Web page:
The perfect metaphor

During the last week of this past August my Dad found out he had Colorectal cancer. But as he awaited treatment details in the subsequent month and a bit since being diagnosed, the less dire everything seemed to be. His doctor’s weren’t rushing back to him with any news. And when they finally did, they were pretty confident their prescribed treatment — being major surgery — while still very serious, would eradicate the issue. I gathered he just wanted it over with. Dare I say it, we all did?

Then along came the day prior to Hallowe’en, the day of his surgery. While it ran long, it was successful. However his initial recovery was slow. And the following Tuesday morning, while involved in his “physio,” if I may label it as such, he had what his doctor labelled a “cardiac event.”

Please don’t get me wrong, I’m not looking to place blame on anyone. But everyone involved in his care after this occurring wasn’t entirely clear on what had happened. Or what was continuing to unfold. His doctor being chief among “everyone.” Point being, “why” is no longer a question I’m particularly interested in asking anymore. I’d much rather focus on the way in which my Dad handled things which he was dealt. Whether it was how he immediately put his entire life on hold when I needed an advocate, or how he passed from this world.

It was later that Tuesday evening, as my Sister and I sat by his bedside holding his hands, that he squeezed my hand one last time. Not only did he squeeze my hand, he did it like he did everything else. The only way my Dad could have. Characteristically. Enthusiastically. Almost awkwardly. Not so much in a pattern, per se, but so methodically there was no mistaking where it came from. He was still there. Fighting like hell.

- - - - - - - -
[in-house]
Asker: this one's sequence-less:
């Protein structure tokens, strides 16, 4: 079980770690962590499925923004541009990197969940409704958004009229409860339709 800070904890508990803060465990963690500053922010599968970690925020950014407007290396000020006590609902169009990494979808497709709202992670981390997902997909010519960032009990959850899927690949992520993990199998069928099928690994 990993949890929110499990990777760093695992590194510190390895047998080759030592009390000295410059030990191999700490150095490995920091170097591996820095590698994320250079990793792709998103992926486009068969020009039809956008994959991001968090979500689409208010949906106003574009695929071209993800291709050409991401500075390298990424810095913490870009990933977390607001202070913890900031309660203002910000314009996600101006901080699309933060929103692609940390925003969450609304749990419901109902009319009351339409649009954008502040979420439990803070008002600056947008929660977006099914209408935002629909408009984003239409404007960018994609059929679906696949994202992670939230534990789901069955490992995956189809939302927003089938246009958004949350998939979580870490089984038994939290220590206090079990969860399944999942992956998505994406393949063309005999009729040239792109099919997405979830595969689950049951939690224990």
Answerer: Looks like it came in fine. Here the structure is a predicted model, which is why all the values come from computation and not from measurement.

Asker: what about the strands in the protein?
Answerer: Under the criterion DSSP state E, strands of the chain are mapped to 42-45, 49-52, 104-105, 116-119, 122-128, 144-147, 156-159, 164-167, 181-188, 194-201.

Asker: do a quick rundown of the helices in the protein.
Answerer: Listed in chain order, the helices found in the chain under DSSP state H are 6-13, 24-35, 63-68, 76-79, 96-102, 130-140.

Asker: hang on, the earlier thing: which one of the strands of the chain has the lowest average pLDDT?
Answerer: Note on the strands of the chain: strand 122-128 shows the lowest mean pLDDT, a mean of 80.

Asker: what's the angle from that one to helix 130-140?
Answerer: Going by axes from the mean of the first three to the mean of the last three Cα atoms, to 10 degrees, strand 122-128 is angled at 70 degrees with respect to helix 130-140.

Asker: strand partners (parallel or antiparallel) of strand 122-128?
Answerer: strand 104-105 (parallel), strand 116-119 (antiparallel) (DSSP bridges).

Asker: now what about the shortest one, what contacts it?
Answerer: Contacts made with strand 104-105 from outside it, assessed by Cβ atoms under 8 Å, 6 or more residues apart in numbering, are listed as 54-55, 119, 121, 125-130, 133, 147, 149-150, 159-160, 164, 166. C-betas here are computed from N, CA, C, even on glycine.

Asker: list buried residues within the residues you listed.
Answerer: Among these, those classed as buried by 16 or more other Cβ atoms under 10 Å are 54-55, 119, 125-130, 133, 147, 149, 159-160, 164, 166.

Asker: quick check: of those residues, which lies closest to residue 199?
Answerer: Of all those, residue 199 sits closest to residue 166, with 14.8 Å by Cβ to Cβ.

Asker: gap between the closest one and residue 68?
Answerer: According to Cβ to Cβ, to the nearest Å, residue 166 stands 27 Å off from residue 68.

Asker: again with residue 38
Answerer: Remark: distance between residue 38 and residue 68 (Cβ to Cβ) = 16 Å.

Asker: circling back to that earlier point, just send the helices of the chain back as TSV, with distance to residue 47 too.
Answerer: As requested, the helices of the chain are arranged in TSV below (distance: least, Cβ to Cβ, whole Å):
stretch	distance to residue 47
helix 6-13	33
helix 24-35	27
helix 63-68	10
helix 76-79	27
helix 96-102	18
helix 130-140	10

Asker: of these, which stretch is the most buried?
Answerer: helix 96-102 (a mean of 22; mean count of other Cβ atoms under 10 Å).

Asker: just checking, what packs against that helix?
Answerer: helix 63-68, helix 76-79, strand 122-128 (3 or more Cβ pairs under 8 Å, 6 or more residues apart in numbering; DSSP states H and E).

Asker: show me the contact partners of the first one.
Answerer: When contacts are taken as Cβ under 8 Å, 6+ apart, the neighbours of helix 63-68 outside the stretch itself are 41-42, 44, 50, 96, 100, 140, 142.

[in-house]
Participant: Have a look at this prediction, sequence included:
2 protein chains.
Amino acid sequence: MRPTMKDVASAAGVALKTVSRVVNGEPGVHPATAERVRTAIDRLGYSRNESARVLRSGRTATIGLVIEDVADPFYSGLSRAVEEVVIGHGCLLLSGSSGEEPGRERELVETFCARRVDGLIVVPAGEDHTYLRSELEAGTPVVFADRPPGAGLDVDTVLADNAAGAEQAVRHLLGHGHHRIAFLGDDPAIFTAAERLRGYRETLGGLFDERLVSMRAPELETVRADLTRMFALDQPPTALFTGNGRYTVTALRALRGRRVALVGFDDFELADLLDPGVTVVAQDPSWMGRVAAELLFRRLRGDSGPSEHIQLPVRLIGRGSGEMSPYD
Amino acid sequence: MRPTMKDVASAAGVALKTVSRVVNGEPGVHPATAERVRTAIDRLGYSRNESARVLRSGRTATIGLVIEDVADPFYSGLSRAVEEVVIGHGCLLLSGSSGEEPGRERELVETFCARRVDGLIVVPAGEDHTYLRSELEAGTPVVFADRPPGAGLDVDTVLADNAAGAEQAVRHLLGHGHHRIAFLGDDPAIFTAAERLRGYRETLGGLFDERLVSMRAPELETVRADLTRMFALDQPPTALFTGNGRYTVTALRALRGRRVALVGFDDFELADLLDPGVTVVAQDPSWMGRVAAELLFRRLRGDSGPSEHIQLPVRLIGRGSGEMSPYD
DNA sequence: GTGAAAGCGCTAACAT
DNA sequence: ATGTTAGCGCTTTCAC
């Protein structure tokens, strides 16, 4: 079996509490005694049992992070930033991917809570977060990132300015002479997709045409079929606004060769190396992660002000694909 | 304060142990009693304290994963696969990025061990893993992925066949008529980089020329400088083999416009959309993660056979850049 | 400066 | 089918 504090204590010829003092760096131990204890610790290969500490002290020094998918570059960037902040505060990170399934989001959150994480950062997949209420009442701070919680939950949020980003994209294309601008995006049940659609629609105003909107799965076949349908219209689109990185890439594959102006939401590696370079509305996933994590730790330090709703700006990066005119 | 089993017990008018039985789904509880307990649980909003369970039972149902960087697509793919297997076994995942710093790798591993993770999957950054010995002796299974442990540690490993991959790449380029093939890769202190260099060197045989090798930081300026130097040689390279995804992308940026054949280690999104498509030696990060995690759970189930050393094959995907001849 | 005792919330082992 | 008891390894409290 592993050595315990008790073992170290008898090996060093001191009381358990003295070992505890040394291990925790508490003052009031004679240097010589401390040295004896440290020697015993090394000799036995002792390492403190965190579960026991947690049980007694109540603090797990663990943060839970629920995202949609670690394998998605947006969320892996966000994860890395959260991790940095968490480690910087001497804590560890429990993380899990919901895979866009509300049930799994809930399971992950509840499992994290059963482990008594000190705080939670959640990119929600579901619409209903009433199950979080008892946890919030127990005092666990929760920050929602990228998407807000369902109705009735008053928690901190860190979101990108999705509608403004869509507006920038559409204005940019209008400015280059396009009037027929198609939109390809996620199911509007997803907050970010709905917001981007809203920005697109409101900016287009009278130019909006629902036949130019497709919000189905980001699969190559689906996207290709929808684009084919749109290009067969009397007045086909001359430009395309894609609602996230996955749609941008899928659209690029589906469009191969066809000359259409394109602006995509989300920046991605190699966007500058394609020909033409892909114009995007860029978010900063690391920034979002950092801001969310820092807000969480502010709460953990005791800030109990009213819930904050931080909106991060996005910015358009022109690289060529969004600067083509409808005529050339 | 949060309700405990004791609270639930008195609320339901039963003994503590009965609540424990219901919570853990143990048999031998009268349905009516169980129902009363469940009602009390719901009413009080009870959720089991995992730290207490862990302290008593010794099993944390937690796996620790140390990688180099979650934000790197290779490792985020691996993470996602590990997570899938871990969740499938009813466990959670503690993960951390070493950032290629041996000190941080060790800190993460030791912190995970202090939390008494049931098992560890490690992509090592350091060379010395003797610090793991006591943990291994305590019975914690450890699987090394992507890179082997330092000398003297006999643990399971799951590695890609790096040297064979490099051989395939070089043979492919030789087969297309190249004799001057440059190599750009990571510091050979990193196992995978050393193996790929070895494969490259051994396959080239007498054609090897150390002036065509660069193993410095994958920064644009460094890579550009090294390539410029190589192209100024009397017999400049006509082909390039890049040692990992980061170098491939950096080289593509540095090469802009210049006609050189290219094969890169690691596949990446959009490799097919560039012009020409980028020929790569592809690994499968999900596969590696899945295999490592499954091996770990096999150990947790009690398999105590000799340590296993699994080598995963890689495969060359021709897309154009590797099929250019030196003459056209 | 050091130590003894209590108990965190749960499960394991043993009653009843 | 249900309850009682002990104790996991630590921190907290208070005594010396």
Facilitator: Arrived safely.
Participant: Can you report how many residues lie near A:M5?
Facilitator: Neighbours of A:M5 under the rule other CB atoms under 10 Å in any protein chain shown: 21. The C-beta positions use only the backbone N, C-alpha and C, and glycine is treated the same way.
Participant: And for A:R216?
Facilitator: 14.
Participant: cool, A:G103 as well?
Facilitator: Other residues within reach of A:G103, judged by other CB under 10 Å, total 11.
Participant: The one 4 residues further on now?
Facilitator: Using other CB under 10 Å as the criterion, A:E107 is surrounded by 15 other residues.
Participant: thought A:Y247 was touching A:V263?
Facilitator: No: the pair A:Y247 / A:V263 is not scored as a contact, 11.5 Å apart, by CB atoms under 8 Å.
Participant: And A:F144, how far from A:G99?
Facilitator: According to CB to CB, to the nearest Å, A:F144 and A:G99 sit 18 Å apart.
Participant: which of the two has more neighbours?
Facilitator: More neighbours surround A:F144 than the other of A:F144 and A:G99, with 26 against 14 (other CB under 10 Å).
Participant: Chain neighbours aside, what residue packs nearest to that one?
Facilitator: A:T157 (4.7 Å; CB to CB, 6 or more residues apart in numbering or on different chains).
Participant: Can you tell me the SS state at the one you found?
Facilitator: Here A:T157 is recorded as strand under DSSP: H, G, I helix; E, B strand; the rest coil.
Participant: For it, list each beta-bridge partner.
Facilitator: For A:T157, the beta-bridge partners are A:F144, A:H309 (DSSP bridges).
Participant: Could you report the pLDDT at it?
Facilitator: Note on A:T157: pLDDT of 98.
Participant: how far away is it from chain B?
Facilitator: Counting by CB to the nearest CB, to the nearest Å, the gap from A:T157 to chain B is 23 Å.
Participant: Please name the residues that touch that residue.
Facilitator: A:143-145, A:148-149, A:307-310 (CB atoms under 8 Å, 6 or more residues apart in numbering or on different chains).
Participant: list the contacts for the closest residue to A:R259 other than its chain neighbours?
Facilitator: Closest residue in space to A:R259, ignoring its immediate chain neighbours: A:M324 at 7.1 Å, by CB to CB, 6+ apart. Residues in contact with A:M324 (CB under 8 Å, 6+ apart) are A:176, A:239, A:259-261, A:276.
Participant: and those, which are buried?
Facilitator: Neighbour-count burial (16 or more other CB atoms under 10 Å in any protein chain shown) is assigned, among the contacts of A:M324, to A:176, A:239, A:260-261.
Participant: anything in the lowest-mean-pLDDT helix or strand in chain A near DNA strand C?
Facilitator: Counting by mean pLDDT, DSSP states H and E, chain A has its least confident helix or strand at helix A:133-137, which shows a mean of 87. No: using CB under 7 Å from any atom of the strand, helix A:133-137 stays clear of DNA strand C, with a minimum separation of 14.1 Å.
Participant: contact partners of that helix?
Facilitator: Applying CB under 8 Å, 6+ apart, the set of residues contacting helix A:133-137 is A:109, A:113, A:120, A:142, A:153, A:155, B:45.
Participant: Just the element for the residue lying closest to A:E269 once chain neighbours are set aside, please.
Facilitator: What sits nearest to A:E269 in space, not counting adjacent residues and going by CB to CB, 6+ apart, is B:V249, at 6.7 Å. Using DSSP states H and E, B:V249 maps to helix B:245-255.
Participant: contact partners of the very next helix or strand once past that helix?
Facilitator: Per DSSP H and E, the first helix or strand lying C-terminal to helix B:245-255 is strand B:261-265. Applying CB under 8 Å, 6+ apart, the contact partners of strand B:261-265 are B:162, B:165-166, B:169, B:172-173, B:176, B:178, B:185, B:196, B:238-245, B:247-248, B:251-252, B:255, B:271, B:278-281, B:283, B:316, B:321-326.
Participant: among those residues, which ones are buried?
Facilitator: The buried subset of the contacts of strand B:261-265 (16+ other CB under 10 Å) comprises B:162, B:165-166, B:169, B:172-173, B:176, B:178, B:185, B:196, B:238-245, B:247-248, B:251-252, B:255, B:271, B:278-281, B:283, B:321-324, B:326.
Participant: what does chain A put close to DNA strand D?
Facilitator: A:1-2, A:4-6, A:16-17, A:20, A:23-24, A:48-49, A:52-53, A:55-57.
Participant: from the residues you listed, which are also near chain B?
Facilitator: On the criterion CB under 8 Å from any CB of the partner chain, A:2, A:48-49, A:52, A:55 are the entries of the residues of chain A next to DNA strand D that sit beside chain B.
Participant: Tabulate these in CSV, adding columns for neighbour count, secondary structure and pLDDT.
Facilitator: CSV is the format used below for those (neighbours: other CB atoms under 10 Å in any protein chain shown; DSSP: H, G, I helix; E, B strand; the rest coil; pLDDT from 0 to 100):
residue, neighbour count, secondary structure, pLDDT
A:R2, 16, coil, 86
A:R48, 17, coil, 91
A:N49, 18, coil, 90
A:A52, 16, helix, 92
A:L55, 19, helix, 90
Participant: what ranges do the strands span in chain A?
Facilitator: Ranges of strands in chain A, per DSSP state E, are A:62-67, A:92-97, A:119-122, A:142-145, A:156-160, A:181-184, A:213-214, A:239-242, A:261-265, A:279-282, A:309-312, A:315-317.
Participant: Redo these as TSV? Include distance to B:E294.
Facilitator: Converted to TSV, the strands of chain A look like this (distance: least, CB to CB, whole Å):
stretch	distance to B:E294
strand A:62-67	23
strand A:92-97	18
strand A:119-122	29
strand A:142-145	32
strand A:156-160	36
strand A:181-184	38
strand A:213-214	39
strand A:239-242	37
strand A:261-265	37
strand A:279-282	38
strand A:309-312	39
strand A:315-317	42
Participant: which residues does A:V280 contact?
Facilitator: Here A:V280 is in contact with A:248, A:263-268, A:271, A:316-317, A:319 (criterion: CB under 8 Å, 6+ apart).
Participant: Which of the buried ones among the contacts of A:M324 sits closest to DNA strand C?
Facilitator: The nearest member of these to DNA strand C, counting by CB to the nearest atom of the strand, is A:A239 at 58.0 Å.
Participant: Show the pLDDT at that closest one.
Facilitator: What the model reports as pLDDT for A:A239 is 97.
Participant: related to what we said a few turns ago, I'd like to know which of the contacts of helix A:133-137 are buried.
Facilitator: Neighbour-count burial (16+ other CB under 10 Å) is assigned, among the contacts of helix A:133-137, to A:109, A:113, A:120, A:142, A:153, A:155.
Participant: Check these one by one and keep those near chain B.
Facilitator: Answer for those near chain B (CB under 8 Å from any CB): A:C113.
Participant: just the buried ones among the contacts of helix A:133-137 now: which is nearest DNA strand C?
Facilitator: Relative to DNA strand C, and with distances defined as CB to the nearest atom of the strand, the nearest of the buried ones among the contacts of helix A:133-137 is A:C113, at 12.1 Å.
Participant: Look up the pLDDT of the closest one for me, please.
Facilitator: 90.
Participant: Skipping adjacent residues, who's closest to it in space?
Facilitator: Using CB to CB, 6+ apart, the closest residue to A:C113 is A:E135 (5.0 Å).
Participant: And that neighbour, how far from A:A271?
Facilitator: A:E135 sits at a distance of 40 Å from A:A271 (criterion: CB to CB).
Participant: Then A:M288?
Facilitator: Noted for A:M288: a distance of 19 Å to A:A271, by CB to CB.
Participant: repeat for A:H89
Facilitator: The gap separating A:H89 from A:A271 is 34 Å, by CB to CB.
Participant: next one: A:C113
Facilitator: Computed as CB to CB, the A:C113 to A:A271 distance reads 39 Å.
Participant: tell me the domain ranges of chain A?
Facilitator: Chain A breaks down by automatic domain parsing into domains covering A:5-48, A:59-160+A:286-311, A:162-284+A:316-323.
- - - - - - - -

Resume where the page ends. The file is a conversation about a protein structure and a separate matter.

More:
Unfortunately, I wouldn’t come to realize just how special those final three days really were. Not until I wrote these very words, in fact.

He passed away precisely how he lived his life. He fought like I’ve never seen anyone fight for anything before. And when it was time to go, he bowed out as gracefully as anyone possibly could have. It was the perfect metaphor.

Being a man of few words, he didn’t need to say anything to sufficiently communicate what he needed us to know. And yet, just stubbornly enough to amaze the shit out of everyone around him, the hospital staff most definitely included. We had everything to hope for going forward. And we still do with his memory.

I’ve never been so proud to have been his kid for what he did for us in his last days. Never. Which is saying a lot. Much more than I’m prepared to write right now.

I will miss him dearly. Much more than I’m sure I even realize at this point. Let’s face it, he is the main reason I’m still here annoying the absolute fuck out of all of you. I owe him my life. I just hope I’ve instilled even a fraction of the amount of pride in him that I’m feeling for my Dad right now.

Thing is, I’m certain I did. That was my Dad, you just knew how he felt without needing him to say a single word.